Philippe Offers Luxurious To-Go Items for the Holiday Table

Keep Houston Press Free
I Support
  • Local
  • Community
  • Journalism
  • logo

Support the independent voice of Houston and help keep the future of Houston Press free.

Philippe (the acclaimed Galleria-area restaurant headed up by Chef Philippe Schmit) is offering a small selection of delicacies that you can buy and serve at home for the holidays. We were able to sample some of the fare, and found some of it to be incredible.

Two salmon choices are offered. One is smoked over hickory and applewood; the other is gravlax. Gravlax is traditionally cured with salt, sugar, dill and some type of alcohol. Philippe's version uses gentle fennel rather than dill, and it works very well.

Both salmon preparations had wonderful balance. There is a fine line smoked salmon has to balance to be considered great. Far too many versions are either too salty or not salty enough. Under- or over-smoking can be a problem, too. Philippe's was just right.

I've had salmon in the past with occasionally tough, sinewy sections. There was no such issue with Philippe's. Every single bite was very tender; testament to the premium cuts used.

Of the items we sampled, the one that I adored the most was the foie gras terrine. I've had foie gras terrine and pate that are just teases. They seem to have one part liver to nine parts filler. That's cheating, and a rip-off to the consumer who thought he or she was purchasing a quality product.

Chef Schmit must feel the same way, because this terrine was everything I could ever want. There is plenty of creamy liver in this recipe. It is the kind of rich, sinful terrine that makes you want to make it a once-a-week habit.

The kicker is that it is finished with Sauternes. ("Real Sauternes," Chef Schmit said, "not white wine with sugar in it.") Of course, you get what you pay for, and this is $48 for 160 grams (about 5.5 ounces). It is a luxury item, and it will end up on my Christmas Eve table regardless.

Both the Foie Gras Terrine and the smoked salmon come with brioche. The brioche is a miracle of little tender crumbs that somehow still hold together. Yet, it's dense enough to stand up to foie gras being slathered on it. It's like the angel food cake of breads.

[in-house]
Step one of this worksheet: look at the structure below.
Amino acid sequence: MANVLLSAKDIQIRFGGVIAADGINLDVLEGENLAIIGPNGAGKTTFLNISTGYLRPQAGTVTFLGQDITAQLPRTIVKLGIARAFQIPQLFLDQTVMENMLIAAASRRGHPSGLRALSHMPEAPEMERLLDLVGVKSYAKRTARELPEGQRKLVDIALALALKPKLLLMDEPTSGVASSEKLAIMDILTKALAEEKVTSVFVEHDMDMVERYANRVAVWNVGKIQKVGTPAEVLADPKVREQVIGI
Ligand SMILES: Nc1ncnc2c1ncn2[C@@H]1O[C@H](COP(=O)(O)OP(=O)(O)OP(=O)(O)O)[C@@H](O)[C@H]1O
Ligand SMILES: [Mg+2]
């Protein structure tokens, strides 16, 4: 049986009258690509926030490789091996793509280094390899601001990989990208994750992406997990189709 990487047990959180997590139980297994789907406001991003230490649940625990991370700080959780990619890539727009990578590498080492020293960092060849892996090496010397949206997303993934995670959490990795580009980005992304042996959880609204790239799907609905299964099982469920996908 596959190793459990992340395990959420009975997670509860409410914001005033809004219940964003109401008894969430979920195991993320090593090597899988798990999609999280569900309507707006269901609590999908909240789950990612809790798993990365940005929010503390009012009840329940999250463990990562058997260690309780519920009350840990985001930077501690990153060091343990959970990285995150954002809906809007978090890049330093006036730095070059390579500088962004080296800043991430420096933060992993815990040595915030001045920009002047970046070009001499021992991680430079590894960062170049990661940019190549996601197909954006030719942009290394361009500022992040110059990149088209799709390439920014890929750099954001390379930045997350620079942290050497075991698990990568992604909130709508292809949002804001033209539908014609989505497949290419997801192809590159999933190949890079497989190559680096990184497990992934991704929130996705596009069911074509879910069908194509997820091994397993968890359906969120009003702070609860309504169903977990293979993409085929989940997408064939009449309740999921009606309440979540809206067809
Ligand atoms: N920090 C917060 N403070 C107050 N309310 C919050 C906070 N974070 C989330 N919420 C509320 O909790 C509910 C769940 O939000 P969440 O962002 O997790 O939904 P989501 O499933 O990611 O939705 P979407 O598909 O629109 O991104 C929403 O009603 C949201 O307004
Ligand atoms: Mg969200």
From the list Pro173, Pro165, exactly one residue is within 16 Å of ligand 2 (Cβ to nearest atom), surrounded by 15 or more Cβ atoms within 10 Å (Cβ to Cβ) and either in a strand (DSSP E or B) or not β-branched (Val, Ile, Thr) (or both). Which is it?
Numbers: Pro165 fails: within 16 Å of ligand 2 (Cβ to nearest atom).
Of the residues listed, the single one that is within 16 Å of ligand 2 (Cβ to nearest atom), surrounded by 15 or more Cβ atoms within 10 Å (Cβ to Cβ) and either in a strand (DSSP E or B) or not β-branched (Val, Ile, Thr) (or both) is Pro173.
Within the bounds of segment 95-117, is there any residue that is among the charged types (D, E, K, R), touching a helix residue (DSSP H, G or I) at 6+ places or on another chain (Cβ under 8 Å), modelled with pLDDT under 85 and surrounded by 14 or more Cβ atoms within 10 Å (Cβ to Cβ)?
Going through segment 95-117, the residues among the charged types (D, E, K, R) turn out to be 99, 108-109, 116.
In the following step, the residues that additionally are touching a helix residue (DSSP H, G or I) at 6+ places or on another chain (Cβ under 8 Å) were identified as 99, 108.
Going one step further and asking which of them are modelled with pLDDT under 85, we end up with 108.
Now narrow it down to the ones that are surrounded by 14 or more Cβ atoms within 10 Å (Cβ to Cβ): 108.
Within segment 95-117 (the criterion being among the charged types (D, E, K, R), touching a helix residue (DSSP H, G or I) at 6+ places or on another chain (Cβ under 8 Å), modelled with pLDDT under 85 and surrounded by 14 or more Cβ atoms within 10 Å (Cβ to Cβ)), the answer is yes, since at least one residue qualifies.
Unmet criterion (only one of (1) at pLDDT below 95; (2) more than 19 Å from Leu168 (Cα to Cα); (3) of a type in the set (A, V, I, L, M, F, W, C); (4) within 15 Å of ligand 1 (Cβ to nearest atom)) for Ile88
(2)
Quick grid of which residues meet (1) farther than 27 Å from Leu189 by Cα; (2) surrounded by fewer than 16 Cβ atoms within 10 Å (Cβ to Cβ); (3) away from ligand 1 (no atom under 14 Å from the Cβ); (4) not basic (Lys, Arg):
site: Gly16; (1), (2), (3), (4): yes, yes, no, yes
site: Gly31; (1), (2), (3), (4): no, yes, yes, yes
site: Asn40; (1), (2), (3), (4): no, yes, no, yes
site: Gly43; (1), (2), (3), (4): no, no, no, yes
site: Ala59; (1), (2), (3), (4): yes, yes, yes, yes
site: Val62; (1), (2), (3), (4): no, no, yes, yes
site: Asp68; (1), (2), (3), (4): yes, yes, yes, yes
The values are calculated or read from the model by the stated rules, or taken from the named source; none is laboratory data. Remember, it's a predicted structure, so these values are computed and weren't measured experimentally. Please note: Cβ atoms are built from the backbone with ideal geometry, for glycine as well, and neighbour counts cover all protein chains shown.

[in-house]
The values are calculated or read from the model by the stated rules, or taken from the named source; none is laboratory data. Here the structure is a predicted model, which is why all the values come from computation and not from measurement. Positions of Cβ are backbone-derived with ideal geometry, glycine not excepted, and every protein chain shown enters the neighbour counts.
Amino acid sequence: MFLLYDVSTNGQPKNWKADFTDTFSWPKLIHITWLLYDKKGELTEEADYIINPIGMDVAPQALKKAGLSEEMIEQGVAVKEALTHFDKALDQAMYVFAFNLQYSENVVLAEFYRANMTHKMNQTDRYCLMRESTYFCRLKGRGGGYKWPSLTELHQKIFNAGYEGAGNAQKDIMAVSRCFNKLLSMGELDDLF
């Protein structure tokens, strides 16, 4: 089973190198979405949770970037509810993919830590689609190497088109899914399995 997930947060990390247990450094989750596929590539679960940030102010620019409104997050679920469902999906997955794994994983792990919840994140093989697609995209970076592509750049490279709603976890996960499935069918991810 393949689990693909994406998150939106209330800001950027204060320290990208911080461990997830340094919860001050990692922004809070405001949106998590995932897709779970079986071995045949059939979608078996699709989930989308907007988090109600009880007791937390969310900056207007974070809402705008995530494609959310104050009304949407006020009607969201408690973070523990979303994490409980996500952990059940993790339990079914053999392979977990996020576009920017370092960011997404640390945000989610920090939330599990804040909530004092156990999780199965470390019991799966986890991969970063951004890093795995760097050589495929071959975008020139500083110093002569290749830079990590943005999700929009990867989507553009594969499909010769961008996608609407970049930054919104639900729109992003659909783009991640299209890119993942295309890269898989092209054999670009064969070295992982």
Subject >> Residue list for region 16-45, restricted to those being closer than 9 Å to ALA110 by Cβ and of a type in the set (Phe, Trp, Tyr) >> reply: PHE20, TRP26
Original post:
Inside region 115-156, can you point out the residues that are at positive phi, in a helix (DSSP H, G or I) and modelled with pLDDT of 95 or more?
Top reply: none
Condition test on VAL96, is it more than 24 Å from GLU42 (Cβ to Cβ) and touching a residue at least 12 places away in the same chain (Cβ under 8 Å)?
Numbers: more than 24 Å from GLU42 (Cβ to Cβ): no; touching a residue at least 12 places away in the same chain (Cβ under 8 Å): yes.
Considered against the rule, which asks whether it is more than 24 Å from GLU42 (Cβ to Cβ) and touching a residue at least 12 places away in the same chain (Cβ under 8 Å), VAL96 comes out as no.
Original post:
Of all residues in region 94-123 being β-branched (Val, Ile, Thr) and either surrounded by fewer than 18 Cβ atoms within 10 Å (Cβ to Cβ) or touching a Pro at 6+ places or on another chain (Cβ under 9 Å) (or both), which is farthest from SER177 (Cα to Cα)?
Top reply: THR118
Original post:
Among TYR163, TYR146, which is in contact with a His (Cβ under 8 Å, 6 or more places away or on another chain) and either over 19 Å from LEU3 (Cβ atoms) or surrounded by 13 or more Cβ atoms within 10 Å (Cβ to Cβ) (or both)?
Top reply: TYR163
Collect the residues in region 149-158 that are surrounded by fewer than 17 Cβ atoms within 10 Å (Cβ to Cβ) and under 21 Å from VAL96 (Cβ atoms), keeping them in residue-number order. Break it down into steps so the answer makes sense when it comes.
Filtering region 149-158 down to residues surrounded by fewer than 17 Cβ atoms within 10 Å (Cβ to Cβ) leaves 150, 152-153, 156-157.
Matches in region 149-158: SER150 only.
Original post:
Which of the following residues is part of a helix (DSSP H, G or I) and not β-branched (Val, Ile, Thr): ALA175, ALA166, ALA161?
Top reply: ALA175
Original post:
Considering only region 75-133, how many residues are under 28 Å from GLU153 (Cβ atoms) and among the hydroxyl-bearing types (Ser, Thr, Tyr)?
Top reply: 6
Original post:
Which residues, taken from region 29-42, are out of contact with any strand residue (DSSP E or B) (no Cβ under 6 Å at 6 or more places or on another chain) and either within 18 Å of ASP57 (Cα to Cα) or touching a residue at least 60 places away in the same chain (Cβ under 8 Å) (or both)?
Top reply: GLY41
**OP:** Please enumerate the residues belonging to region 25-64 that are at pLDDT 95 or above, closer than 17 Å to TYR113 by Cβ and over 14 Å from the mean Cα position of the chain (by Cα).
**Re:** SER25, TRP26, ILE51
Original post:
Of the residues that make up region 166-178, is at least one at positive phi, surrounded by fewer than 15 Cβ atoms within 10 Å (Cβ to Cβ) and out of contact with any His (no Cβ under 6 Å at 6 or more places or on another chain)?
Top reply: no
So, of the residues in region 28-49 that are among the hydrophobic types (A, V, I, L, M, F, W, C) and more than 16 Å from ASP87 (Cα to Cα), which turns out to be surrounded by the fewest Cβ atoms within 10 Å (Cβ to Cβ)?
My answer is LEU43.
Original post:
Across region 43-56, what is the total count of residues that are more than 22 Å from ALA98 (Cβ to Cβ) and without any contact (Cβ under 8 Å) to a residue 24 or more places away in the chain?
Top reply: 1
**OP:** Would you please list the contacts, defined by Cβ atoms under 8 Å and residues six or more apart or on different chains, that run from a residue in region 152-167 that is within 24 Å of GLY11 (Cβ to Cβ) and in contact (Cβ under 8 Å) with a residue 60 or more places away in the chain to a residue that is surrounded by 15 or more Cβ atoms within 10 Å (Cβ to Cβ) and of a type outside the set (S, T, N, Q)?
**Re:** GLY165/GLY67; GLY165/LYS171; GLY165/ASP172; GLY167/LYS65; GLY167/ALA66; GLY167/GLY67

The Christmas Log (Bûche de Noël) just wasn't my type of dessert. I like desserts that have a little more texture and "chew" to them, so I was really hoping for a thicker layer of almond cake. The drunken figs inside were very good and helped add a little firmness, but the overall effect was like a mousse.

However, there was no denying that the pistachio filling was delicious (and actually tasted like pistachios, unlike so many renditions that just seem to be whipped cream with green food coloring that someone whispered "pistachio" over), and the overall presentation was lovely. If you like this type of dessert, I think you'll love this. It just wasn't my cup of tea. Word to the wise: the decorations, such as the signs and mushroom, are made of gum paste. Gum paste is not tasty, so admire them, but don't eat them.

Be aware that you are just purchasing the main item(s) stated and you will need to do your own plating, so consider what you'll need as accompaniments or garnishes. For example, you might serve some creme fraiche, capers and a finely-diced, hard boiled egg with the smoked salmon. The foie gras terrine was served on a small pool of balsamic reduction. The balsamic, used sparingly, was a welcome addition and helped both cut and enhance the richness of the foie gras. It's super-easy to gently simmer some balsamic vinegar and make the same kind of reduction at home.

A pecan pie that serves eight is also available. We did not try it, but it has bourbon and chocolate chips.

The price list is as follows: Philippe's Foie Gras Terrine with Brioche: $48 (160 grams/5.6 ounces) Smoked Salmon In-House with Brioche: $25 (200 grams/7 ounces) Salmon Gravlax: $20 (250 grams/8.8 ounces) Pecan Pie: $35 (serves 8) The Christmas Log: $36 (serves 4) / $68 (serves 8)

Philippe is located at 1800 Post Oak Boulevard, #6110, Houston, TX 77056-3816, and their number is 713-439-1000.

Author's Disclosure: Samples of the dishes described above were provided at no charge. Regardless, I have done my utmost to provide a critical and fair evaluation.

Follow Eating Our Words on Facebook and on Twitter @EatingOurWords

Keep the Houston Press Free... Since we started the Houston Press, it has been defined as the free, independent voice of Houston, and we would like to keep it that way. Offering our readers free access to incisive coverage of local news, food and culture. Producing stories on everything from political scandals to the hottest new bands, with gutsy reporting, stylish writing, and staffers who've won everything from the Society of Professional Journalists' Sigma Delta Chi feature-writing award to the Casey Medal for Meritorious Journalism. But with local journalism's existence under siege and advertising revenue setbacks having a larger impact, it is important now more than ever for us to rally support behind funding our local journalism. You can help by participating in our "I Support" membership program, allowing us to keep covering Houston with no paywalls.

We use cookies to collect and analyze information on site performance and usage, and to enhance and customize content and advertisements. By clicking 'X' or continuing to use the site, you agree to allow cookies to be placed. To find out more, visit our cookies policy and our privacy policy.


Join the Press community and help support independent local journalism in Houston.


Join the Press community and help support independent local journalism in Houston.